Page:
Andrew Carnegie would have been interested in electronic communication--in fact, had he lived in the late 20th century, he would have quickly mastered online information techniques.
Carnegie was as much a communicator as businessman, and he was the most literary of all American 19th century business entrepreneurs. Largely self-educated, he eventually produced ten volumes of collected writings, which included books about travel, biographies, letters, and most of all, newspaper and magazine articles.
As a young executive he published a manual for the operation of the telegraph of the Pennsylvania Railroad (1863) during the Civil War--he was then in charge of wartime telegraph communications and was one of the first people to translate telegraph messages by sound only, instead of by using paper tapes. For decades he published his opinions about politics, the economy, trade policies, the world peace movement (he was an ardent pacifist), and the iron and steel business, and he wrote for influential periodicals such as the North American Review, Forum, the New York Times, the London Times, the Tribune.
In 1868, just after he left Pittsburgh to live in New York City, he wrote a private memo in which he vowed to give up business entirely lest he be completely debased by the pursuit of money, and instead go to Oxford, get a proper education, and (since he was rich) "purchase a controlling interest in some newspaper or live review and give the general management of it attention, taking part in public matters…." He did buy and control a newspaper syndicate of seven daily and ten weekly journals in England between 1881 and 1885, and tried through publishing to abolish the House of Lords and the monarchy itself, and to get William E. Gladstone elected prime minister. "Dynamite is a child's toy compared to the press," said Carnegie.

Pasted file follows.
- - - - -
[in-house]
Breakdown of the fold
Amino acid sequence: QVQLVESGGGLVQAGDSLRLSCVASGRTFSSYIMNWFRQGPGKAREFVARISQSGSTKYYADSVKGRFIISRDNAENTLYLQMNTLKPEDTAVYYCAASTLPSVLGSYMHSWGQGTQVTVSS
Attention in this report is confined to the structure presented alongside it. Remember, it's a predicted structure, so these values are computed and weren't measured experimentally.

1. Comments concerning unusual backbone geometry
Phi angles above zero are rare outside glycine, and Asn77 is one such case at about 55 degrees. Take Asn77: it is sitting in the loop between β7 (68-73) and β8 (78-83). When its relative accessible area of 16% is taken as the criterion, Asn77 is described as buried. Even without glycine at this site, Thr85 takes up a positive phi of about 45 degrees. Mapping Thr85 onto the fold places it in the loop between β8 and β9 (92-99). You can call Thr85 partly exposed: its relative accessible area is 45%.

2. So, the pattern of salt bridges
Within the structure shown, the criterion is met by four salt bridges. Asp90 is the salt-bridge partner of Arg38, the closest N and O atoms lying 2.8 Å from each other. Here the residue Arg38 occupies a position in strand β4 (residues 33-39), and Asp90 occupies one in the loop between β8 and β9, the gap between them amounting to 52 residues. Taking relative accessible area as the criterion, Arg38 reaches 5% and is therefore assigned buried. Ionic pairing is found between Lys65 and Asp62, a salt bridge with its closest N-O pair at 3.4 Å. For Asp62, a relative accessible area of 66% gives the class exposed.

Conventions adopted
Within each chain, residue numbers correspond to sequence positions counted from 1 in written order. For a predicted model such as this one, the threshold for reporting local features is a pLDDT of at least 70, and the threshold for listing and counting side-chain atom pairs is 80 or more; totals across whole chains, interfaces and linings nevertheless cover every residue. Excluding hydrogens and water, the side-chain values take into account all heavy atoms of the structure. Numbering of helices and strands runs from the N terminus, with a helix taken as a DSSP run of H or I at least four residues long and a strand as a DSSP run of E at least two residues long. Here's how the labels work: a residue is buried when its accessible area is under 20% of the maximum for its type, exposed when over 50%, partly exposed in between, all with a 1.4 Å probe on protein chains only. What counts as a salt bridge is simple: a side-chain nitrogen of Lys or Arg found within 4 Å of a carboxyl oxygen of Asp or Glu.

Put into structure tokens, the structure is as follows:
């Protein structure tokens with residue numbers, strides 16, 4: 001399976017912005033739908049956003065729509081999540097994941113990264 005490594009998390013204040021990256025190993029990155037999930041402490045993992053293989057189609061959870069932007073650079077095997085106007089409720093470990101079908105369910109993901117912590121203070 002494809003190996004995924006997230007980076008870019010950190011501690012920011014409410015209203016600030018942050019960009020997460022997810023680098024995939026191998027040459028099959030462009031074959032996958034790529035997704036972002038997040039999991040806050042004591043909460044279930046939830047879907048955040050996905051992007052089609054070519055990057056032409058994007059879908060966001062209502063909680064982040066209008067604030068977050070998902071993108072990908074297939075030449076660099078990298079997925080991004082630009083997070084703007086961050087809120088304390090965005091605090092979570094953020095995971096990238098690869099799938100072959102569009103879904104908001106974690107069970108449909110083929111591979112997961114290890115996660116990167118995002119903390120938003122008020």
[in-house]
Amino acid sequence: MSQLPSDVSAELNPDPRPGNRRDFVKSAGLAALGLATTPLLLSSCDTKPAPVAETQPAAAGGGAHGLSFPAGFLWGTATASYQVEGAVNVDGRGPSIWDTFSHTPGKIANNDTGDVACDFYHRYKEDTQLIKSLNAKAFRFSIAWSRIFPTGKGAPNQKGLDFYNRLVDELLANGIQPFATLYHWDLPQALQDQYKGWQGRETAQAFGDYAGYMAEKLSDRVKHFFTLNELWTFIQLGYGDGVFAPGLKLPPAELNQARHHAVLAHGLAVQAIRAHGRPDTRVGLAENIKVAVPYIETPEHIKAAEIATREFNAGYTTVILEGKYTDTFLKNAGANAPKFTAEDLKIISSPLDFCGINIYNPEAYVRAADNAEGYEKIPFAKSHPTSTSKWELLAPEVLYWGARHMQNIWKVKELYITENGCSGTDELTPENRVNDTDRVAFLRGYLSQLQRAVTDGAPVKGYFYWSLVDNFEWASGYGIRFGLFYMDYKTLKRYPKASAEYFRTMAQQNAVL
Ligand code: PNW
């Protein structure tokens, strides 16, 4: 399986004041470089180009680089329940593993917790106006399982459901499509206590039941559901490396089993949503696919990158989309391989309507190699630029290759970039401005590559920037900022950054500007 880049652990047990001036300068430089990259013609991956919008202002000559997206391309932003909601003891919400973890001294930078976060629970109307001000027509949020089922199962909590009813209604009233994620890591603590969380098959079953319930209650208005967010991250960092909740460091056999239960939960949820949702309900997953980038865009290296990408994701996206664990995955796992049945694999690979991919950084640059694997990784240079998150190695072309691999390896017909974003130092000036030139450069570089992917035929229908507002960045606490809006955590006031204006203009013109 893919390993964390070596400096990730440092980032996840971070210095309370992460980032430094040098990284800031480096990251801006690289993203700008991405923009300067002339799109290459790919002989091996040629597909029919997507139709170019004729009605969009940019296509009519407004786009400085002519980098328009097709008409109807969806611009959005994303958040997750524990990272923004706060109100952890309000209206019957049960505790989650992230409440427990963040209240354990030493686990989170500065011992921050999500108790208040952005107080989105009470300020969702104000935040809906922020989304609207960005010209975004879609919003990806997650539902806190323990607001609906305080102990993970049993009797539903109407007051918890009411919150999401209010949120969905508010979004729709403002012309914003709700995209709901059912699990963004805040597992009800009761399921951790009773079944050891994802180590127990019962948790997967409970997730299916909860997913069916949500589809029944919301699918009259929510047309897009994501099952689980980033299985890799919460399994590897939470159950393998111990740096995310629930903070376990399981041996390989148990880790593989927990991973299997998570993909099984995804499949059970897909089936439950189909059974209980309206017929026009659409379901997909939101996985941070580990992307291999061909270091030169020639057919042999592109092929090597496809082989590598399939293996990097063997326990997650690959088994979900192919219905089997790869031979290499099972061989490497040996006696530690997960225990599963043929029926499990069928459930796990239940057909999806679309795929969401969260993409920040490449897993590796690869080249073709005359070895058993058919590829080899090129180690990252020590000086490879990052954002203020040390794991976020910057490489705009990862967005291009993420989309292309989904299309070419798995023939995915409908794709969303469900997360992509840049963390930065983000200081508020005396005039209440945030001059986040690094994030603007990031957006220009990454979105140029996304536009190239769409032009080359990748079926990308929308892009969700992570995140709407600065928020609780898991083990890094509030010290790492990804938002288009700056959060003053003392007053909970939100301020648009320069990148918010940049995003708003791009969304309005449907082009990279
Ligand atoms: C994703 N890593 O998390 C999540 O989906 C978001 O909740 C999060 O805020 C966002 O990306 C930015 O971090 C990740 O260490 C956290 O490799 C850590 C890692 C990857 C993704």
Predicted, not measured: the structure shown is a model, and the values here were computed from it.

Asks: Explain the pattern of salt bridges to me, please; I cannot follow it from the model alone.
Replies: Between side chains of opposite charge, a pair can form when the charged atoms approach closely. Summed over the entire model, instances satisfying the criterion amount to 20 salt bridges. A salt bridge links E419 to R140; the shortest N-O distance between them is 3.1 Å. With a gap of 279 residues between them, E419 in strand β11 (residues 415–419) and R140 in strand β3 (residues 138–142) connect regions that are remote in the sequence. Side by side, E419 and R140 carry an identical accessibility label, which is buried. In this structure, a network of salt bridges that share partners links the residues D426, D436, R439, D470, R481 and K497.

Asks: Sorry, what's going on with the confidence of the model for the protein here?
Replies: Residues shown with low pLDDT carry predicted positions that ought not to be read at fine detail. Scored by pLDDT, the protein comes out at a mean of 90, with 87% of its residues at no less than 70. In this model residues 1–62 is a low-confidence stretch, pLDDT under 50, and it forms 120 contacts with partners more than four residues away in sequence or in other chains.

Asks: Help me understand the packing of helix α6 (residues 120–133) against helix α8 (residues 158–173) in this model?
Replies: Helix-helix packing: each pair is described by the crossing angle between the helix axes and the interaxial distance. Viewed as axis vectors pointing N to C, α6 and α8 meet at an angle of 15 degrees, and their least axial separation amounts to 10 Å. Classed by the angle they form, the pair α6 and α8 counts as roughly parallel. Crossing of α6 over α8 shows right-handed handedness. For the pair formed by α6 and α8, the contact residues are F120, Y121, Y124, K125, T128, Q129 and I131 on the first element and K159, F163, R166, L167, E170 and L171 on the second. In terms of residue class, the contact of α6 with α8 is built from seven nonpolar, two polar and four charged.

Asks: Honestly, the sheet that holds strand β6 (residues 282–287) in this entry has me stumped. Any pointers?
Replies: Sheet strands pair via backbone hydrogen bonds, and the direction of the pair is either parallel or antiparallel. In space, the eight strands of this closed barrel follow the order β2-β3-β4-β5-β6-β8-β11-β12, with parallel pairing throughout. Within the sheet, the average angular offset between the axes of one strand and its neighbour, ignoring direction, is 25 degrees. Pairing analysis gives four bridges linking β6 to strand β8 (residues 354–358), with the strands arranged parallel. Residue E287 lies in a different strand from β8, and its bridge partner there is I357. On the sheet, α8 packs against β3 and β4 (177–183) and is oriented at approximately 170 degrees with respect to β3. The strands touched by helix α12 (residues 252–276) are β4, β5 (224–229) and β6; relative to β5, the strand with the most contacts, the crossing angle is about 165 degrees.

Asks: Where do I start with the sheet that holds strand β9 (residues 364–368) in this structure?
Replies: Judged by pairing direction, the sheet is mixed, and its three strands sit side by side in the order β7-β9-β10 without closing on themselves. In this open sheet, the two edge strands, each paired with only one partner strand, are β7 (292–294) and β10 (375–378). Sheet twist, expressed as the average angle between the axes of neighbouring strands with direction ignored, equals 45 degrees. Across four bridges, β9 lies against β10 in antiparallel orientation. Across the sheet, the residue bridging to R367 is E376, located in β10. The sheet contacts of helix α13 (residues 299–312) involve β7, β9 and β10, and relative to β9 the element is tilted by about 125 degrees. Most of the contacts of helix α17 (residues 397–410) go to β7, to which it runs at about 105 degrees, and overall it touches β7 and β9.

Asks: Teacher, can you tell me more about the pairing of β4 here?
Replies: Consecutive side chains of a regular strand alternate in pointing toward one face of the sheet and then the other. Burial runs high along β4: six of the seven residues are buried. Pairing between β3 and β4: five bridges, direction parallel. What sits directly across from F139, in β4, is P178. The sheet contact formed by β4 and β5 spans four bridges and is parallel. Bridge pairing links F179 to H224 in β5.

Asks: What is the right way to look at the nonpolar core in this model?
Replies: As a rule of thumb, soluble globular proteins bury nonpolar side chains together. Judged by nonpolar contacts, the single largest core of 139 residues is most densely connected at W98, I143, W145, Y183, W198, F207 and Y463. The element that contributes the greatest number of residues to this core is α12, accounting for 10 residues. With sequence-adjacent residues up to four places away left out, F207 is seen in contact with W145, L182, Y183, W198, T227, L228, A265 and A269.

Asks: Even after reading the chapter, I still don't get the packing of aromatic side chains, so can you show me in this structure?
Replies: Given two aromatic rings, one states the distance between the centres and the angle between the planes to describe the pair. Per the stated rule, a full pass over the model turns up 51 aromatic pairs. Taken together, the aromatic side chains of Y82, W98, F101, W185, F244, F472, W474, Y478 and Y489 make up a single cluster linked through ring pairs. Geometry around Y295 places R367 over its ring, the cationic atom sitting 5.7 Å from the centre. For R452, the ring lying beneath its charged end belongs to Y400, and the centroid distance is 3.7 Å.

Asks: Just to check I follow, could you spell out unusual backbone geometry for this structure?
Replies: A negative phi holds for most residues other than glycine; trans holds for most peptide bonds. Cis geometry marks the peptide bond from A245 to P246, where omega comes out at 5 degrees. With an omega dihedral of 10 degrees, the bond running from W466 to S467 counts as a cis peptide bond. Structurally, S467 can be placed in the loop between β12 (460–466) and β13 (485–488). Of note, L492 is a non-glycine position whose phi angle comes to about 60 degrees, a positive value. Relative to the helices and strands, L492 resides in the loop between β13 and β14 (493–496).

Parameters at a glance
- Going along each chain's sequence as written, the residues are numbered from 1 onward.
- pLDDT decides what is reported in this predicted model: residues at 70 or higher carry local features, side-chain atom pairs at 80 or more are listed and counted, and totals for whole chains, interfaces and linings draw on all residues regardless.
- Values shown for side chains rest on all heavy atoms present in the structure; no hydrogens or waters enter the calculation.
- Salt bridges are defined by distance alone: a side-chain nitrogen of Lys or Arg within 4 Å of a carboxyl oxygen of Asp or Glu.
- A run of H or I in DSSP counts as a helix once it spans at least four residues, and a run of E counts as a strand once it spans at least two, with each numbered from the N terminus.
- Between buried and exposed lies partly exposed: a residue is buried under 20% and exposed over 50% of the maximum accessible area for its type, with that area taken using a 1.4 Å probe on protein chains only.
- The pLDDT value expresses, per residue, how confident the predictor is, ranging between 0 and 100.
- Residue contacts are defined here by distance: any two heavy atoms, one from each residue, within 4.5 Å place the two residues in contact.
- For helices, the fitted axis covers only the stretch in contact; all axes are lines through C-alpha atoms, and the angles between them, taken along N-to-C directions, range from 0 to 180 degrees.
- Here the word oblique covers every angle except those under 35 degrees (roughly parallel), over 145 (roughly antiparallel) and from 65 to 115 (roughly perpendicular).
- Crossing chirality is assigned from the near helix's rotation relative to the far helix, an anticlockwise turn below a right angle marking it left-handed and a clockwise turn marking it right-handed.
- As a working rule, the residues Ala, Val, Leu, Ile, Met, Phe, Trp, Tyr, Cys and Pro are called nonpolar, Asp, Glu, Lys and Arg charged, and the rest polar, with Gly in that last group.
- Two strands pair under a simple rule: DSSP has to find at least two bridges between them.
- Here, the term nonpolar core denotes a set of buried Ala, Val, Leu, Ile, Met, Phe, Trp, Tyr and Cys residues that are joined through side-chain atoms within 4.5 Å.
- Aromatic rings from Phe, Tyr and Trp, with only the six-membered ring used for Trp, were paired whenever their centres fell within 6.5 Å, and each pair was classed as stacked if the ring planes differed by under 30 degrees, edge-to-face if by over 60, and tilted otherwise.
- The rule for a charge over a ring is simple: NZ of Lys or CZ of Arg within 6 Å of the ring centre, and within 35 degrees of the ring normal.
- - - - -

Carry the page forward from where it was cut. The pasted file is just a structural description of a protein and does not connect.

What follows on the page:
His good friends were often literary figures, such as Mark Twain, who wrote him letters begging for money addressed to "Saint Andrew," and to whom Carnegie replied with letters of advice addressed to "Saint Mark." His closest friend was probably the British political leader and editor of the liberal Fortnightly Review, John Morley. Carnegie was proud to be a member of the Author's Club of New York, and in his will in 1919 he bequeathed it $200,000 for its Relief Fund.
Carnegie would have immediately understood Zine375 as an expression of the electronic age of information, and he would have been pleased that his two-year Technical School had evolved into a high-tech institution that produced young writers who worked hard to become journalists.